Sunday 10th March 2013
Olimpija Ljubljana 1, 1. Maribor
' In sporting terms some could argue that with such a picturesque setting Ljubljana's citizens should only represent her more appropriately in the likes of chess or bowls. Anything else would seem just too vulgar. '
Ljubljana is beautiful, maybe too beautiful. Surrounded by the Julian Alps and wedged neatly between Italy, Austria, Hungary and Croatia, this pretty ex Yugoslav Republic town has taken on some of the characteristics of it's neighbours but sensibly retains a distinct and unique identity of it's own.
This charming city can make you feel disorientated, one minute you could be mistaken for being in Venice or Vienna, turn a corner and you could be in Prague or Salzburg. Yet this difference in styles is kept together and harmonised by the the stunning buildings and planning of Slovenia's greatest architect Joze Pleznik. His beautiful baroque styled structures are peppered throughout Ljubljana, the most famous being the iconic Dragon Bridge.
Being the symbol of the city, green dragons can be seen everywhere from the flag on top of the dominating castle above to the tacky fridge magnet souvenirs sold to tourists. Inspired by the ancient mythical battle of Jason and the Argonauts against a fiery beast on the river Sava, Ljubljana claimed the dragon for it's own. Naturally the dragon is also the symbol of it's football team Olimpija.
In sporting terms some could argue that with such a picturesque setting Ljubljana's citizens should only represent her more appropriately in the likes of chess or bowls. Anything else would seem just too vulgar.
Olimpija are in a fact a new club having officially formed in 2005 but considered the spiritual forbears of the original club that went bankrupt the year before. Arrogantly and without permission from the Slovenian League the new club have inherited the history of the older club and their shirt crest shows their formation as being 1911.
In the Yugoslav days Slovenians were mocked by the other Republics for their preference towards winter sports and not the beautiful game. However since independence in 1991 the national side have improved considerably, achieving reasonable results against more prestigious opposition in both the European and World Cup final stages. Not a bad record for a country the size of Wales.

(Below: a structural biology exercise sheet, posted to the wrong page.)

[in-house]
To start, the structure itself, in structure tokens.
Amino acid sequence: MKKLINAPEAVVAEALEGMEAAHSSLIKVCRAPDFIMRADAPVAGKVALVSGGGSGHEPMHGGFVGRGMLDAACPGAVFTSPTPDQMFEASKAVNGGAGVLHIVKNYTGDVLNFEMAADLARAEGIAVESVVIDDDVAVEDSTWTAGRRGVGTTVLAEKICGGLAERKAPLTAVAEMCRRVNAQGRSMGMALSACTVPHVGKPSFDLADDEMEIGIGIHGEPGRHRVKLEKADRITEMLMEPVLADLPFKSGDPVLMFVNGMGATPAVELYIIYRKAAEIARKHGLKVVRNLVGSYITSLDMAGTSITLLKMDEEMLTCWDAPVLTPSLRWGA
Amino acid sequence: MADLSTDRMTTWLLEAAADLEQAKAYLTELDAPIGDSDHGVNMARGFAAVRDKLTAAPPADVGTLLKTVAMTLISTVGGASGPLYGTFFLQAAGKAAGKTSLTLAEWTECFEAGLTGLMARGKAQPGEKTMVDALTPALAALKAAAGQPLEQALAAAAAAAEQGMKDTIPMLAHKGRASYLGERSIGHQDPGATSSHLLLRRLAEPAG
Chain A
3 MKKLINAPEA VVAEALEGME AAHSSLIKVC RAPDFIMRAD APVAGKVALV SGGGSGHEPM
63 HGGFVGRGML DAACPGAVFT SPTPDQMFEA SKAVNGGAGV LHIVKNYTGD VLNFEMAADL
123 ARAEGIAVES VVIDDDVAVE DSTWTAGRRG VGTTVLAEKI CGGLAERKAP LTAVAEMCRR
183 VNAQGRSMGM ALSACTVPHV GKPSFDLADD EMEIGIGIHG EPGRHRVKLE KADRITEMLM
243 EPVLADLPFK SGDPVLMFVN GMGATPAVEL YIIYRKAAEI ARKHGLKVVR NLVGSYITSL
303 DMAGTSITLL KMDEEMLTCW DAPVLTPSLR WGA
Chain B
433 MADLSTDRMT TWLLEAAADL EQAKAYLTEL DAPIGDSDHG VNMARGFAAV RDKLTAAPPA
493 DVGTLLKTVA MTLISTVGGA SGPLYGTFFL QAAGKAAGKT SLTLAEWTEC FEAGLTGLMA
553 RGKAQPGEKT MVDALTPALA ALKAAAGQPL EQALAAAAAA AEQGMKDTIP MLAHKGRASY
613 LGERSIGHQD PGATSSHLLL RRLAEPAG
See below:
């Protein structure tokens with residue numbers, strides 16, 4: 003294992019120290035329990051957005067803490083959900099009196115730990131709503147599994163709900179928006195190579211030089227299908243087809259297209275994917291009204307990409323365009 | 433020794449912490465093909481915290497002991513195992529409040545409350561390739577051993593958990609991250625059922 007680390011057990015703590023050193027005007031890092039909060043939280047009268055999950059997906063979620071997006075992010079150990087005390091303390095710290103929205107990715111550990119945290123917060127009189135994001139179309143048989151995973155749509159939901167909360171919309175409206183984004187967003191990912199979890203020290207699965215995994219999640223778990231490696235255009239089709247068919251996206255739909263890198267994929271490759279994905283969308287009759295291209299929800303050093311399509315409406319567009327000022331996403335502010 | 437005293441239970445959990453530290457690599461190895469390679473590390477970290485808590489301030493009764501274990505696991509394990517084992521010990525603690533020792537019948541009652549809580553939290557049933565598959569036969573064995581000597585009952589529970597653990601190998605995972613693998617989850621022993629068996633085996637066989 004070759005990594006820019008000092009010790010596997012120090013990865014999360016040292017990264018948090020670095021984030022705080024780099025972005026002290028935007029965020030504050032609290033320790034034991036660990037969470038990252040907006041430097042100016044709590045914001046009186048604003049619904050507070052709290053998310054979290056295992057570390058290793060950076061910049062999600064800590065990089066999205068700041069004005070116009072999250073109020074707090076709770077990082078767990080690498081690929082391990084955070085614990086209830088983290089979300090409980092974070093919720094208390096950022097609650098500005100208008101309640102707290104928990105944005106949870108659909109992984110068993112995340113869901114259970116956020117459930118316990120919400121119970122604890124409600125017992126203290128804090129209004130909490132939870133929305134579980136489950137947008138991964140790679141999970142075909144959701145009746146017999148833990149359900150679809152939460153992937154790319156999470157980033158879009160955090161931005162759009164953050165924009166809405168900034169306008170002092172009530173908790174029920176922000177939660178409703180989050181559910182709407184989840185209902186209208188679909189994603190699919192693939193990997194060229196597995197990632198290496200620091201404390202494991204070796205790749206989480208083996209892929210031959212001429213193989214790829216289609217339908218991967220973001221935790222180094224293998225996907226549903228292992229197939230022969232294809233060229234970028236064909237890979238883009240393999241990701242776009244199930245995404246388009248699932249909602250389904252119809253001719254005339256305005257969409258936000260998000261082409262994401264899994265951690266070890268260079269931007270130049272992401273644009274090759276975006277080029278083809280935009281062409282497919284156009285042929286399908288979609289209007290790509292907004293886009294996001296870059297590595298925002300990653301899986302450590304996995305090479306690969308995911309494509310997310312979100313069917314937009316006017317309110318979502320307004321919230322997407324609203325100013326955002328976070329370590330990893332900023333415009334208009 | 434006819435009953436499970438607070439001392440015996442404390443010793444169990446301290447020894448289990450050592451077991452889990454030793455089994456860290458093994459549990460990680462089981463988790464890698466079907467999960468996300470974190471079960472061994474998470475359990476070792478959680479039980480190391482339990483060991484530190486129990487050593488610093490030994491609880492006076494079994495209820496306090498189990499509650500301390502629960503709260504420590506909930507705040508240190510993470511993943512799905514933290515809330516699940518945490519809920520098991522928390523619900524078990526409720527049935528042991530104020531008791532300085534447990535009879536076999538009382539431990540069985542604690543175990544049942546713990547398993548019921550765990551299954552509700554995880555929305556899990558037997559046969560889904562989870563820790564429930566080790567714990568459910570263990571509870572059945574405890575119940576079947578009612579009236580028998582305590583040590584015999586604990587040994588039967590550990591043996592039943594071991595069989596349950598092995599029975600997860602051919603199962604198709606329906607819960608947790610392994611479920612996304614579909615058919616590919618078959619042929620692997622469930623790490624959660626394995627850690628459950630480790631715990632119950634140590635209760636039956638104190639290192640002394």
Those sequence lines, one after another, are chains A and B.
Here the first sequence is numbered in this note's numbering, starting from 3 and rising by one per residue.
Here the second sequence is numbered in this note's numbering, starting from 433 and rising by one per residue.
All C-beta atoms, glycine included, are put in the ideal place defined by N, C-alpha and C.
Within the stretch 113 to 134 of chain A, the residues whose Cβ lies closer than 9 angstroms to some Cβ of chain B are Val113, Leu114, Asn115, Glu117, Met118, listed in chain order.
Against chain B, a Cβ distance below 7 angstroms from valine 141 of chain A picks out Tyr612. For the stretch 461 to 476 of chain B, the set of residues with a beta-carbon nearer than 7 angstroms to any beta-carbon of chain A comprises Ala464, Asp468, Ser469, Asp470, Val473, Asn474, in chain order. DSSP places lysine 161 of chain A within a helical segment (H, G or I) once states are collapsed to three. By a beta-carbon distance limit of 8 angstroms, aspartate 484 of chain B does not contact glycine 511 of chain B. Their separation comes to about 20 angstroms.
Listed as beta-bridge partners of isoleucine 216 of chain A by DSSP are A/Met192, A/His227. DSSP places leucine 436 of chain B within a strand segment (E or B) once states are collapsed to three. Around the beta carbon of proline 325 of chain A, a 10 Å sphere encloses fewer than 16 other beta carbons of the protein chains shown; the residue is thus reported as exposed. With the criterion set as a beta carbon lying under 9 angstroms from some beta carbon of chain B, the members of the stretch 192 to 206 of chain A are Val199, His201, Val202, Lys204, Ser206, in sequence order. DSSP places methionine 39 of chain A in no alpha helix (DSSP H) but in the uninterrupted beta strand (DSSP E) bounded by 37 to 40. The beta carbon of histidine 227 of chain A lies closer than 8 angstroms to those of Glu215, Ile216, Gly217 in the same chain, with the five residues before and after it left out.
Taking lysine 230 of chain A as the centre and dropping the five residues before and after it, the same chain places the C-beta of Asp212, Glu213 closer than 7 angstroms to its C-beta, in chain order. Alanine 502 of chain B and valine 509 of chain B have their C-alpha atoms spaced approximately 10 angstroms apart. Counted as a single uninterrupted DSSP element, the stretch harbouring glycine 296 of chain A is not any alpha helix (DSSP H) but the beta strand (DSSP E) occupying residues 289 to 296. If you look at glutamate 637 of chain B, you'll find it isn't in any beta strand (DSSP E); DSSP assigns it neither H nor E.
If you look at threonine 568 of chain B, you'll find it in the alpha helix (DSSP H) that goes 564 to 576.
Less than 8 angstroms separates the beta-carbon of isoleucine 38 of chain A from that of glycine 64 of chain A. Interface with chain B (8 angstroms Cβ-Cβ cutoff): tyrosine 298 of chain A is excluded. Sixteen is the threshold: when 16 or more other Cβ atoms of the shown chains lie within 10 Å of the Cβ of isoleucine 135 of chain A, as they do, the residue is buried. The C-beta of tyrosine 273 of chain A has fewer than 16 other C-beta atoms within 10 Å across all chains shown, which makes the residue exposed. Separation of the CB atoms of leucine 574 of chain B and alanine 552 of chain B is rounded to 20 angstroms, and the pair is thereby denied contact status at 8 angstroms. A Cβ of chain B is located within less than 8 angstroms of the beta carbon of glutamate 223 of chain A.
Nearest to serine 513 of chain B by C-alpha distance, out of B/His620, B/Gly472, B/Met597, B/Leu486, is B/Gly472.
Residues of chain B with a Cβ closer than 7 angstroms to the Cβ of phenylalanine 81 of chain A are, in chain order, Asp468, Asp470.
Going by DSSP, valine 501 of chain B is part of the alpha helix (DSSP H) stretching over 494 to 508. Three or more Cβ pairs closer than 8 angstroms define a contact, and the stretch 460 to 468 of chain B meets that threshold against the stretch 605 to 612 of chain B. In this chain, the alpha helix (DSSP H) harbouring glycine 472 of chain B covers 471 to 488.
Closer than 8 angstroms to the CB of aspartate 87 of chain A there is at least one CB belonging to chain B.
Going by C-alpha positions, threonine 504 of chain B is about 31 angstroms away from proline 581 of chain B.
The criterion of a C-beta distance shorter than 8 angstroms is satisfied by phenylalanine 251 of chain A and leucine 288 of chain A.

Another spill over from the Yugoslav days has been Olimpija's grudge match with fellow Slovenians Maribor. Mimicking on a far smaller scale the match of Belgrade giants Partizan and Red Star the game between the two is nostalgically known as the Eternal Derby.
Today is another derby day and unlike Belgrade, life continues on normally. It is Sunday and the snow has receded to be replaced by perpetual rain and drizzle. With darkness approaching drunks and beggars around the main square get ready to go home after a long hard shift. On the river banks outside the many bars and cafes locals leisurely sip bela kava's under shelter.
Here there are no riot cops or groups of chanting supporters. This is a derby like no other.
Ljubljana's ground, the Stozice Stadion lies quite a distance from the tourists and the centre of town. It is only around the train station that any kind of police presence can be detected awaiting the travelling away fans from Maribor. The expected invasion is but a trickle as Maribor supporters in very small numbers quietly walk towards a solitary bus stop.
Around the multi sports complex that comprises the football stadium songs and chants are at last heard but the culprits remain hidden from view. The Green Dragons, Ljubljana's famous ultras are stirring in their lair ready for the contest ahead.
With kick off less than an hour to go it is still relatively quiet outside the ground. The typical robo-cop riot police ominously patrol the perimeter in small numbers and supervise closely the small groups of fans that pass them. Security is water tight on the gates as stewards demand I.D cards and reluctantly confiscate umbrellas from wet and weary supporters.
Once in they make their way to the refreshments for a hot drink and snack. Surprisingly for a coffee obsessed nation, on top of an alcohol ban there is no caffeine inspired refreshments, only fruit tea and juice ! It seems the stadium authorities wish no one to be overly stimulated.